Allegiant To Delay New Iowa & North Carolina Bases

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Citing a decline in demand for travel, Allegiant Air is taking steps to alter its operations amid the global COVID-19 pandemic. One of those steps includes delaying two new bases in Iowa and North Carolina as announced by the carrier on April 14th.

Allegiant Air is delaying the opening of two new bases. Photo: Allegiant Air

Allegiant Air delays new bases

Allegiant Air had previously planned to open up two new bases in Des Moines International Airport (DSM) in Iowa and Concord-Padgett Regional Airport (USA) in North Carolina this year. Now, the launch of those bases has been delayed until a further date.

In addition, Allegiant had planned to start service to the Houston-area via William P. Hobby Airport (HOU) and the Boston-area via Boston-Logan International Airport (BOS). Now, the start of those services has also been delayed.

The airline is also delaying launches to Houston-Hobby and Boston-Logan International Airport. Photo: Allegiant Air

These moves also come alongside 80 to 90 percent capacity cuts over April and May. And, the carrier also indicated that it does not expect travel to resume fully for the busy northern summer season.

The airline also released March traffic numbers. Passenger count last month was down 39.8% from March 2019. Overall first quarter passenger count was down 7.8% from the same time last year. Load factor in March was down to 59.4% from 86.1% in the same month in 2019.

Load factor was down to 59.4%. Photo: Allegiant Air

A major hit to the airline’s finances

In terms of revenue, Allegiant Air also anticipates revenue for March 2020 to be 40 to 45 percent lower than 2019. April and May are likely to be worse. As a result, the airline is reviewing the opportunity to receive a federal Payroll Support Grant or loan assistance as provided in the Coronavirus Aid, Relief, and Economic Security Act (CARES Act).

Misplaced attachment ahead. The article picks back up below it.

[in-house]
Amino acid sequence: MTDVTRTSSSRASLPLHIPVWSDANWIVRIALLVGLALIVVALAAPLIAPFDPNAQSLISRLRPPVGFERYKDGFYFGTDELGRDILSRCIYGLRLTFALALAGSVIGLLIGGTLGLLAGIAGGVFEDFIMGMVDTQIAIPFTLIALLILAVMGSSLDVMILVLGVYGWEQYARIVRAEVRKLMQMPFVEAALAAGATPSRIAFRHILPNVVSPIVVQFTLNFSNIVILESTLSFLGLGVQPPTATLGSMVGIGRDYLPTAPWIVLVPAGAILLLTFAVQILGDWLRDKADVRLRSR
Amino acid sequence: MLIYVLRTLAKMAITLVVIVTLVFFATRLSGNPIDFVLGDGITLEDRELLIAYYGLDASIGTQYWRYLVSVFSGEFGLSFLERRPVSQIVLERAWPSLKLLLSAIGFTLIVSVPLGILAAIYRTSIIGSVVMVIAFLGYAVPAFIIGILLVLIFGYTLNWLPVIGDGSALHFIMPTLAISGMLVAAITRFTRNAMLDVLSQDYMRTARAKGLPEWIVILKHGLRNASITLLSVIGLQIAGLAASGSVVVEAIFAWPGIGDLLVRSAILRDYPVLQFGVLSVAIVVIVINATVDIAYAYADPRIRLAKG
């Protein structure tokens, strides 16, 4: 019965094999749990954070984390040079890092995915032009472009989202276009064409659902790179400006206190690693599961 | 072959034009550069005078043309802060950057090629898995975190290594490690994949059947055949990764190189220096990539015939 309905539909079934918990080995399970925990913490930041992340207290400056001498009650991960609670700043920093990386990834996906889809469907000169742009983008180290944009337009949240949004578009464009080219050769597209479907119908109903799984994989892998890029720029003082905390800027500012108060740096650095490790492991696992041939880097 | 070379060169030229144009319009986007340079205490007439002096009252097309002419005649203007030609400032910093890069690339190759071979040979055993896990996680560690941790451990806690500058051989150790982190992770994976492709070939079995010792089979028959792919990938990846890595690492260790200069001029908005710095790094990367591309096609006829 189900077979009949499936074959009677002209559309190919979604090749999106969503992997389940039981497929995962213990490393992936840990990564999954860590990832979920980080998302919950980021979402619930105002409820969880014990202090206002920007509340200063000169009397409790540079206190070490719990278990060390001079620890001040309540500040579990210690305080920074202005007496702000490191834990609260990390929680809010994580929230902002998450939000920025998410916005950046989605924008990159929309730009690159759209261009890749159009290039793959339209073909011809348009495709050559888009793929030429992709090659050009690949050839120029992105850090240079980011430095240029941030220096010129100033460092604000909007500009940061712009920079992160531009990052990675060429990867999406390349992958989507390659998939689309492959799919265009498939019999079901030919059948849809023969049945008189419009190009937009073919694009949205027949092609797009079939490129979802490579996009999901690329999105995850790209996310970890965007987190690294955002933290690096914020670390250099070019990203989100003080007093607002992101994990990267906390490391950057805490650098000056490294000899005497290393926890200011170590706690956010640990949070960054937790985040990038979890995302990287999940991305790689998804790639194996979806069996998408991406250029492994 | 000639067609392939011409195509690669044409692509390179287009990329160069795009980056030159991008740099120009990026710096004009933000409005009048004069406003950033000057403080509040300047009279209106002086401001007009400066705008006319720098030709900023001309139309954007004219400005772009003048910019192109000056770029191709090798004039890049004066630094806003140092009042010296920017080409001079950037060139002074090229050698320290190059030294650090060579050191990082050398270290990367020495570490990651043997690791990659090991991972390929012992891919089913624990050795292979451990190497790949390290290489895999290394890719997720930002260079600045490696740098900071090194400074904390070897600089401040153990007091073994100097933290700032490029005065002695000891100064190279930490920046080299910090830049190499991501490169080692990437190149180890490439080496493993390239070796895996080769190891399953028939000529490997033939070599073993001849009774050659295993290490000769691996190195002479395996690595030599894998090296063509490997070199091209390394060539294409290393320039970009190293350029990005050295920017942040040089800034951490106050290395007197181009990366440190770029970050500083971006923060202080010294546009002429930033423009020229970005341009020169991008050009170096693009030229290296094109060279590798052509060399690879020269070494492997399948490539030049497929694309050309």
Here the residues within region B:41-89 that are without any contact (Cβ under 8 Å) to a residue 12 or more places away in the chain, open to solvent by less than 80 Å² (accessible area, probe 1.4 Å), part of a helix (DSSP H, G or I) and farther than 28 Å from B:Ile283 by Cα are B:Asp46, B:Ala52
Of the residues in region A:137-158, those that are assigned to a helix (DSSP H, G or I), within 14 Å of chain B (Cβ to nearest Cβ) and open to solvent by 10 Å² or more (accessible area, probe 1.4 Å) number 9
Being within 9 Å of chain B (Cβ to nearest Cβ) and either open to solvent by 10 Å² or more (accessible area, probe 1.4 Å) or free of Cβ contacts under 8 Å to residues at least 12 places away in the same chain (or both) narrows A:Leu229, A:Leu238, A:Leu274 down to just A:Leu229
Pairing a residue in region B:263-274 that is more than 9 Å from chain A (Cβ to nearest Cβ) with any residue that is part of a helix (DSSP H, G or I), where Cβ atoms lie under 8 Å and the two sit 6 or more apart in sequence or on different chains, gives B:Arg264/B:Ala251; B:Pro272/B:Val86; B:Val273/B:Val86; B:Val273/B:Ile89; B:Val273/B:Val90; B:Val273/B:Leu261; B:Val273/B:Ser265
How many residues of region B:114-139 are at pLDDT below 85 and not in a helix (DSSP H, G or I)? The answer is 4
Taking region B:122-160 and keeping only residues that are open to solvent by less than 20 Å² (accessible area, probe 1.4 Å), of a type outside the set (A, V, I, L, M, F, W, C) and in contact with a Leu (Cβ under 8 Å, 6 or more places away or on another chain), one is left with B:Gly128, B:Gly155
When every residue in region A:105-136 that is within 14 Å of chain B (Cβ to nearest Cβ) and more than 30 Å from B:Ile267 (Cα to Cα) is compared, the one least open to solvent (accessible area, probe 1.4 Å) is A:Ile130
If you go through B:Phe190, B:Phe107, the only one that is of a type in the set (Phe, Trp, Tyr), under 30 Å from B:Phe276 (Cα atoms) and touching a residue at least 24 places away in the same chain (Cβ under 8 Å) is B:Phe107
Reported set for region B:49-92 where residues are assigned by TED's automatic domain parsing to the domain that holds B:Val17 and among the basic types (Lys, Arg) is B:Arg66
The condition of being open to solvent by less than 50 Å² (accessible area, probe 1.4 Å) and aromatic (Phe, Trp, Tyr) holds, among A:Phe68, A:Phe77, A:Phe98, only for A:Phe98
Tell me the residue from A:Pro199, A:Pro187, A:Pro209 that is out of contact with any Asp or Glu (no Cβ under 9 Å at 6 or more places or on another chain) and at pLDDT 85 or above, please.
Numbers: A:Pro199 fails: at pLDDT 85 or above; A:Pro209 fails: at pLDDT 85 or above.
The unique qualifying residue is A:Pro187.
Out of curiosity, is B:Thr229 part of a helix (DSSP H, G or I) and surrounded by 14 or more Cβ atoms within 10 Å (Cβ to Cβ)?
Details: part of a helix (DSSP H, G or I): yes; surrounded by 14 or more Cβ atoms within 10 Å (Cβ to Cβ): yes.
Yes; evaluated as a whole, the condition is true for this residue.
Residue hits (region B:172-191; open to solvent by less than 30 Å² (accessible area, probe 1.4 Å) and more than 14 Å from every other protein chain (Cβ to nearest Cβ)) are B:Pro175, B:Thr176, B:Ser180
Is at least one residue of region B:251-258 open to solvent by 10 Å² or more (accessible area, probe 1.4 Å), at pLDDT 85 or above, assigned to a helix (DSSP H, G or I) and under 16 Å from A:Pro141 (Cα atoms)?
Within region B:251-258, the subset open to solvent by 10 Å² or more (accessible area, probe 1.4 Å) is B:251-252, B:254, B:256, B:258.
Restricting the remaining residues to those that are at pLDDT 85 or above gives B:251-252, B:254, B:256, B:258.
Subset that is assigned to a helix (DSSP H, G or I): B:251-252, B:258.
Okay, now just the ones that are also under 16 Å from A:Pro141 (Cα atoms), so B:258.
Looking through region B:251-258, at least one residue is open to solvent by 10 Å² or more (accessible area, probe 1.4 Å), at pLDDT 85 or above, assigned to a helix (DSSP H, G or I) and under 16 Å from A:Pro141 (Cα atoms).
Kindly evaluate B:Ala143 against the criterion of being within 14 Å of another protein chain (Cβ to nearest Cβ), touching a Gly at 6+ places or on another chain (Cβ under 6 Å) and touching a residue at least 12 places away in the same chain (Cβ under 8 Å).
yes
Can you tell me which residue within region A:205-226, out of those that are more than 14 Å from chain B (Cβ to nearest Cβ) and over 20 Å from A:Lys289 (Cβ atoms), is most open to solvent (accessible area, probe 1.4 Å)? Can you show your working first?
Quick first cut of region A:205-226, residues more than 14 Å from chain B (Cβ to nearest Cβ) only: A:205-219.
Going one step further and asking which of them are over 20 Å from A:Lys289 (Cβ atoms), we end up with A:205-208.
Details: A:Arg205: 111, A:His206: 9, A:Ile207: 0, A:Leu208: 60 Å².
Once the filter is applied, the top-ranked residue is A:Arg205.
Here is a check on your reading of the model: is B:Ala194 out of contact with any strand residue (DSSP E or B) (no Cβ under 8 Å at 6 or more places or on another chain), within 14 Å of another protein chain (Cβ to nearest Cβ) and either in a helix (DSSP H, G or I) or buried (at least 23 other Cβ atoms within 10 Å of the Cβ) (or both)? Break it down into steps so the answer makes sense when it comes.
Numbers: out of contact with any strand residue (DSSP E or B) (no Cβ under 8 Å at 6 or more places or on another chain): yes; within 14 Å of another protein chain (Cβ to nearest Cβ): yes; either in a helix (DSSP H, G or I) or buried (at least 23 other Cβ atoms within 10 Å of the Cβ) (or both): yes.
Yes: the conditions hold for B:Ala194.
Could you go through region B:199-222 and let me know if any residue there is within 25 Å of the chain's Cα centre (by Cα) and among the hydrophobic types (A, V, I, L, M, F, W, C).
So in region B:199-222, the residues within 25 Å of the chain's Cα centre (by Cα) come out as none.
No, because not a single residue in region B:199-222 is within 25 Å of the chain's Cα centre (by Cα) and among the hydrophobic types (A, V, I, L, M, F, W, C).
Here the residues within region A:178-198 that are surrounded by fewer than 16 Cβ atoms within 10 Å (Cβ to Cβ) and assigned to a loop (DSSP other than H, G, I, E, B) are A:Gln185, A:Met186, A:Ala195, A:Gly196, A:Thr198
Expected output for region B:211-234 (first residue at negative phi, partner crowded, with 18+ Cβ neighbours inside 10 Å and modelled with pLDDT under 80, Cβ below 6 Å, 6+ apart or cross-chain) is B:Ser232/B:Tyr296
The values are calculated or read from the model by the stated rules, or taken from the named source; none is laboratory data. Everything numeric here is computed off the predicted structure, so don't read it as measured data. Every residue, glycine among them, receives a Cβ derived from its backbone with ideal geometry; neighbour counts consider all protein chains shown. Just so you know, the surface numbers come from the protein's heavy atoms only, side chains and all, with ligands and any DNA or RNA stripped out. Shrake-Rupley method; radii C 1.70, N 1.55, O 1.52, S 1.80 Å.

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In order to receive funding under the CARES Act, airlines have to maintain a minimum amount of service depending on season and operations. For large, full-service carriers, most operations in the United States run around the year to markets with largely steady demand and multiple daily flights.

Allegiant’s operations are based on leisure demand. Photo: Allegiant Air

However, for a low-cost carrier like Allegiant, operations in December are not the same as operations in June. Catering primarily to leisure travelers from small- and medium-sized destinations, demand to some destinations changes seasonally. In addition, not all destinations are served multiple times daily. In some cases, flights operate multiple times a week. With complex operations like this, Allegiant wants to carefully examine its options to receive funding to weather this crisis.

Executives and officers at the Allegiant Travel Company cut their salary from between 50 and 100%. In addition, about 15% of the company’s workforce has taken 60-day voluntary leave at half pay but with full benefits. In addition, the company has paused some of its non-airline projects including a Florida resort.

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The company is focused on preserving its airline operations. Photo: Allegiant Air

Allegiant affected more than full-service carriers

Allegiant Air is largely more affected than full-service carriers. Leisure demand is already volatile and subject to some sharp changes. While full-service carriers can rely a bit on business travelers, low-cost carriers like Allegiant do not cater that group of passengers.

Leisure travel will take time to rebound. Photo: Allegiant Air

Air travel demand will not rebound sharply. It will take time for people to strengthen their own finances if they were affected by the economic downturn. And, just building up confidence in containing the spread will take time. As of writing, the virus is continuing to spread in the United States and impact additional cities.

What do you think about this announcement from Allegiant Air? Let us know in the comments!

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